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Stricken at the core

How interim ban in core areas has hit tiger tourism

Written by Avishek G Dastidar | New Delhi |
August 1, 2012 12:24:52 am

The interim ban on tourism in core areas of tiger reserves has already started to tell on those who depend on tourists.

Tour operators across India are coping with a large number of cancellations and have put on hold new bookings for the upcoming peak season. Off-season tourism — the reserves are now shut — too has been hit,with visitors denied access to picnic spots of Pachmarhi falling withing the core area of Satpura tiger reserve,MP. And in Mudumalai,Tamil Nadu,shopkeepers in the reserve downed shutters for a day to protest the interim order.

The Supreme Court last week banned all tourism in core areas of tiger reserves,following a petition by conservationist Ajay Dubey who sought directions to states to notify their reserves’ buffer and peripheral areas as per the Wildlife Protection Act. States that have not yet notified their core and buffer areas have been given three weeks to do so.

The next date for hearing is August 22. If core areas are eventually declared out of bounds for tourists,it could effectively end tiger tourism,which is essentially vehicular safaris to sight tigers in the wild.

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“For now we have kept bookings on hold because the judgment is expected in three weeks,” said Vishal Singh,director,Travel Operators for Tigers-India,an umbrella body of tour operators who take tourists into national parks. He insisted,“Our study shows that eco-tourism in tiger reserves has not adversely affected tiger numbers over the years.”

Tiger reserves are currently shut for the monsoon. According to official figures,reserves in Madhya Pradesh had over six lakh tourists in the last peak season,which comes after the monsoon. In hotspots such as the reserves of Pench,Kanha and Bandhavgarh,62,52 and 37.5 per cent of the core areas respectively are traditionally zones of heavy tourism. Tiger reserves such as Ranthambore in Rajasthan,Mudumalai in Tamil Nadu and Corbett in Uttarakhand too have a large number of tourists.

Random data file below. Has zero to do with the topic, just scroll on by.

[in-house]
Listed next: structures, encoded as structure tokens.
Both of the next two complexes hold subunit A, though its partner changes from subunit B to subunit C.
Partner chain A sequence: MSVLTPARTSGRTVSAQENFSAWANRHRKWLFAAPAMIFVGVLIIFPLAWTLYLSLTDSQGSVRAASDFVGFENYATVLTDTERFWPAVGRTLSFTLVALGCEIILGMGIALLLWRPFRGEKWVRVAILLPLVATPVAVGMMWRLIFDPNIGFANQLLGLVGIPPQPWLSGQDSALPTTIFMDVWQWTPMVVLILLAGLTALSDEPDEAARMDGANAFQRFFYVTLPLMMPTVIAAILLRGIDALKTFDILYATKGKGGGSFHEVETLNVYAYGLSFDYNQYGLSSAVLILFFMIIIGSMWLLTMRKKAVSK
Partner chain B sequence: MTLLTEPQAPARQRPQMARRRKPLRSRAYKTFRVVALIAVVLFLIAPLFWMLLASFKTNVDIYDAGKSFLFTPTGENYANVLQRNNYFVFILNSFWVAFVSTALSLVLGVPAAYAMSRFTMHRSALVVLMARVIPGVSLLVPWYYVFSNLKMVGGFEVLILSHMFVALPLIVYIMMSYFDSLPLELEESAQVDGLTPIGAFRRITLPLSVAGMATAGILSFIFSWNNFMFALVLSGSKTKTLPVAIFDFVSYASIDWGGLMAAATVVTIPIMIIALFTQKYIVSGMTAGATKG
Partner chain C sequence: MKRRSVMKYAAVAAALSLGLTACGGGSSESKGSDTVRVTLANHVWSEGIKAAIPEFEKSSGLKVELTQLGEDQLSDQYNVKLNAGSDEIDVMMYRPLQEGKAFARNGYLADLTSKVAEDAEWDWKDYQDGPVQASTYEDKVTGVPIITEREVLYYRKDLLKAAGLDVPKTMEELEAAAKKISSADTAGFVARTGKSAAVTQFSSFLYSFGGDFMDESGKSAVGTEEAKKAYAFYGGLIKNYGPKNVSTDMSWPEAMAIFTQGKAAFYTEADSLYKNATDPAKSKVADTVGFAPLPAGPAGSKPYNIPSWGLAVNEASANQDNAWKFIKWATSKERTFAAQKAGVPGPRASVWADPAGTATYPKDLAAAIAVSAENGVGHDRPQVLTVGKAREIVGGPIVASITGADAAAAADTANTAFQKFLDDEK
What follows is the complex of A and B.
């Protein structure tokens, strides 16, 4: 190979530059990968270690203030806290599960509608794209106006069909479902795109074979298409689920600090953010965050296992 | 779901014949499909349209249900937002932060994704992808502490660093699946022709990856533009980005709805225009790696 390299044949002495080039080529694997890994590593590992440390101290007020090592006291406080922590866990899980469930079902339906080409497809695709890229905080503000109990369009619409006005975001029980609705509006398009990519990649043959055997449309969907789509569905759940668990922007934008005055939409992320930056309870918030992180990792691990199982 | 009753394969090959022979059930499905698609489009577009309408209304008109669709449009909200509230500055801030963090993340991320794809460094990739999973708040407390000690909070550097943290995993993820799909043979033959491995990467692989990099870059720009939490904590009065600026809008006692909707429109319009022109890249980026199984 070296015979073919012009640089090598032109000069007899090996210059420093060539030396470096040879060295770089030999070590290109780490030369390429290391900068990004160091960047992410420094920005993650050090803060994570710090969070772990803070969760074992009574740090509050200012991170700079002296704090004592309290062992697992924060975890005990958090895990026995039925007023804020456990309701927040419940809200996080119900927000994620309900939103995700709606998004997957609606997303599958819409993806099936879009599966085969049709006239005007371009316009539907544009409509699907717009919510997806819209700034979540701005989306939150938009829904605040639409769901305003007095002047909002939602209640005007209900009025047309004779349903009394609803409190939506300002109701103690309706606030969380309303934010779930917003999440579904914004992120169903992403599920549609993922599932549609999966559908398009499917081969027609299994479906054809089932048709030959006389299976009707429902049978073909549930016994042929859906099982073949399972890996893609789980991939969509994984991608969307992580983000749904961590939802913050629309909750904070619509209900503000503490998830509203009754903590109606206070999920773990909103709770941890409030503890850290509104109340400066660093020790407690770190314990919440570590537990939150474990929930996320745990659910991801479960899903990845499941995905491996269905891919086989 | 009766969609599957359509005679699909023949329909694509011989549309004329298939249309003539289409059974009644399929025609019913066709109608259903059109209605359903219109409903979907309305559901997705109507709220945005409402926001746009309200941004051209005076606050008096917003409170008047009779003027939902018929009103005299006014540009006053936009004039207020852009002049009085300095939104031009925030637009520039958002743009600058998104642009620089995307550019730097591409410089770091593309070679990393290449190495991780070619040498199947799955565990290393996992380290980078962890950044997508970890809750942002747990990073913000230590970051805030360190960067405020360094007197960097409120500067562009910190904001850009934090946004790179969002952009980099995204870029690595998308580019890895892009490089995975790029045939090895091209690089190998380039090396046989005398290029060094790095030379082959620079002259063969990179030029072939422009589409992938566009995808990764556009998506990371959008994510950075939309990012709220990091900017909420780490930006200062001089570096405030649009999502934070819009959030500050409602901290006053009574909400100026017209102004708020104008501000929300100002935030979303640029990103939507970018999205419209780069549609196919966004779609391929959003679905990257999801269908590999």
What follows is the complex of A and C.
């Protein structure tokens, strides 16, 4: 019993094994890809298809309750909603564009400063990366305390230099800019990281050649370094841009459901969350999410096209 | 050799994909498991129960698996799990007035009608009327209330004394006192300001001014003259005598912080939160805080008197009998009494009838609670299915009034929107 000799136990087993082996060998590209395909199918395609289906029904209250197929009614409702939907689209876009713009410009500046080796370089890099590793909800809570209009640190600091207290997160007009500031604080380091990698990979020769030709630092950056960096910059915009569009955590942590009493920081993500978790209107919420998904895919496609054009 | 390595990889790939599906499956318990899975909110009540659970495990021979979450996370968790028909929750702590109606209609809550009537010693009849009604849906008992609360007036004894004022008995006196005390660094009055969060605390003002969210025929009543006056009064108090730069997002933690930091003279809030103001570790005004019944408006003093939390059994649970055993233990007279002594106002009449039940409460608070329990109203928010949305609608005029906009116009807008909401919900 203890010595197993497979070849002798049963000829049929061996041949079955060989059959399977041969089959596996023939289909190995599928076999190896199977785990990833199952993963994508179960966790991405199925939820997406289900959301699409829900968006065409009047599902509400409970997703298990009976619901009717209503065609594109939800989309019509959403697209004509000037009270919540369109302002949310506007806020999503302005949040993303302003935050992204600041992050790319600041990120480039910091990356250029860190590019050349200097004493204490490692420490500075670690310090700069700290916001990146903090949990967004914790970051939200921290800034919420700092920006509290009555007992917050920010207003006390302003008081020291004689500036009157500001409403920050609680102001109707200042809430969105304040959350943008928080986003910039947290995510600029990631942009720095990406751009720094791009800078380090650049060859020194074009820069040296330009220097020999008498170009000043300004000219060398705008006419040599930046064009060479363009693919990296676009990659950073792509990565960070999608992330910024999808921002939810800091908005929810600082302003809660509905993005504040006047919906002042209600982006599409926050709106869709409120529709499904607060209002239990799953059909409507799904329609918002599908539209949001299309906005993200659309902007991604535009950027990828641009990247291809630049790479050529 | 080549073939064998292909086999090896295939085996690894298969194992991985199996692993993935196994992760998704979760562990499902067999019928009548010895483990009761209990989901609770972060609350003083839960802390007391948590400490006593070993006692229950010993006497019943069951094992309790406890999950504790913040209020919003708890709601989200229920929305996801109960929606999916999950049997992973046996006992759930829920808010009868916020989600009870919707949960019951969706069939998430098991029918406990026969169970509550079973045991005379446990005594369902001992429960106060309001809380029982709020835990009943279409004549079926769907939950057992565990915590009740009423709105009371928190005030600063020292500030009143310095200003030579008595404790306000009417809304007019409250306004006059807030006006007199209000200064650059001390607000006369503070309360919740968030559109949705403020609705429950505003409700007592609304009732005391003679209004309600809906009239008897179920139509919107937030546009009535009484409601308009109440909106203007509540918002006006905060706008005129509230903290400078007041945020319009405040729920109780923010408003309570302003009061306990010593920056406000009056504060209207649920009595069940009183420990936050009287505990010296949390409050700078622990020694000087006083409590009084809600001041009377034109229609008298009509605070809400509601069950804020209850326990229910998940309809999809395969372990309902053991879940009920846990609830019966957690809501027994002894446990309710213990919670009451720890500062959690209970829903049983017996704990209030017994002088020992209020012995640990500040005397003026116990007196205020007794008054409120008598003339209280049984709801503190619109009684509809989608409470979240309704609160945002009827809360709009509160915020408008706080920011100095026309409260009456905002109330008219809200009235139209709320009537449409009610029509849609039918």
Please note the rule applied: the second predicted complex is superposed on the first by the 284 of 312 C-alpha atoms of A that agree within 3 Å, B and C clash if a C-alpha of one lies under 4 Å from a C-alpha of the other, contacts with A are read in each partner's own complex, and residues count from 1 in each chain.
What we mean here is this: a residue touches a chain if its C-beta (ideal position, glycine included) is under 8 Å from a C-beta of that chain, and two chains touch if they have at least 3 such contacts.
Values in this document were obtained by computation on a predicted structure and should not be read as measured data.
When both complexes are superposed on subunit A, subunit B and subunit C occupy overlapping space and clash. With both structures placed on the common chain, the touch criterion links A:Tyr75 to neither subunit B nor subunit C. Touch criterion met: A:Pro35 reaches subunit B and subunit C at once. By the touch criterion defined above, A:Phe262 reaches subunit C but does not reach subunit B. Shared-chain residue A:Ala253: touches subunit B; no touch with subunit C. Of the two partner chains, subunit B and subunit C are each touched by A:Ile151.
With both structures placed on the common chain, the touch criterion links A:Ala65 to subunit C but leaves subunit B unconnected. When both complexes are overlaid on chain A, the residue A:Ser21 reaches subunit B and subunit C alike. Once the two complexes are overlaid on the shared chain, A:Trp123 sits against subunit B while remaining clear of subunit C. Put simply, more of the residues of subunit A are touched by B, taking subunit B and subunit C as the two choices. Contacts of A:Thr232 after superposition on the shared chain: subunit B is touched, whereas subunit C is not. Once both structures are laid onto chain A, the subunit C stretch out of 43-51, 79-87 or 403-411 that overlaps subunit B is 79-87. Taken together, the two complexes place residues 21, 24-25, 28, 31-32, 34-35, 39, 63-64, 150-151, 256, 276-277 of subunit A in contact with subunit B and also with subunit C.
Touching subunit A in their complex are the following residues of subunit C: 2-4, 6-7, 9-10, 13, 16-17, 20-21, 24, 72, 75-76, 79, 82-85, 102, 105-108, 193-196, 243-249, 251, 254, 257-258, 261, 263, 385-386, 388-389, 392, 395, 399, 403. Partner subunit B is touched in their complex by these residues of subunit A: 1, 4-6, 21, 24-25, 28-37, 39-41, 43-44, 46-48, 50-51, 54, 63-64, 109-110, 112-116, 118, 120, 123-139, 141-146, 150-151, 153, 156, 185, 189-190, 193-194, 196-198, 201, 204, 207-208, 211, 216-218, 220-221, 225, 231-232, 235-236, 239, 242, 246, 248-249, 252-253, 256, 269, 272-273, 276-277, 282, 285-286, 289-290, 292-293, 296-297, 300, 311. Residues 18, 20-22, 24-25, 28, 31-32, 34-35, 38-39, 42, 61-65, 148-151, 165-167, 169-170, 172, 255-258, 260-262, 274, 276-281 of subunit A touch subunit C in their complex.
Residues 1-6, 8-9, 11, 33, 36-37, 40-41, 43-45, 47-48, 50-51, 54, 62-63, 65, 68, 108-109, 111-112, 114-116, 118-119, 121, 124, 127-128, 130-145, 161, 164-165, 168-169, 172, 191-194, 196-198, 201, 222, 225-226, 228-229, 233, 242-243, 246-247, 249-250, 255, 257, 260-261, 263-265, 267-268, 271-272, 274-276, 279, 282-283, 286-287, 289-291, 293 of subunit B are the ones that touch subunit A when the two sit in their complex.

“We are estimating an overall fall of around 25 per cent as of now. But in the parks where core areas are used majorly,the footfalls might cease entirely. Because without the core,tourism has no charm left,” Singh said.

The state tourism wings of Madhya Pradesh and Rajasthan have not stopped bookings for the upcoming season because there is no official communication yet from their respective governments to do so. “Our government will study the order and then instruct us accordingly,” said D K Bishnoi of Rajasthan Tourism Development Corporation. “But an order might come any day now.”

The National Tiger Conservation Authority has proposed a set of guidelines for states to develop responsible “eco-tourism” in the protected areas,including tiger reserves. The guidelines keep core areas out of bounds,as is the law.

The NTCA has proposed a “conservation cess” on tourists and service providers around the parks for the development of eco-tourism infrastructure and aid the overall wildlife conservation efforts. But the fate of the guidelines,submitted in the Supreme Court,depends on the final judgment. The Environment Ministry is circulating copies of the interim judgment among states for their replies within the stipulated period.

Those who own lodges outside the tiger reserves — a number of their owners are wildlife conservationists — have been claiming that tourists,along with guards and guides,act as the eyes and the ears of any drive against poaching.

In Mudumalai tiger reserve, nearly 200 jeeps that usually take tourists sightseeing have been lying idle since the interim order,a PTI report said. Nearly 200 shopowners in villages and towns under the reserve protested against the order by downing their shutters for a day last week.

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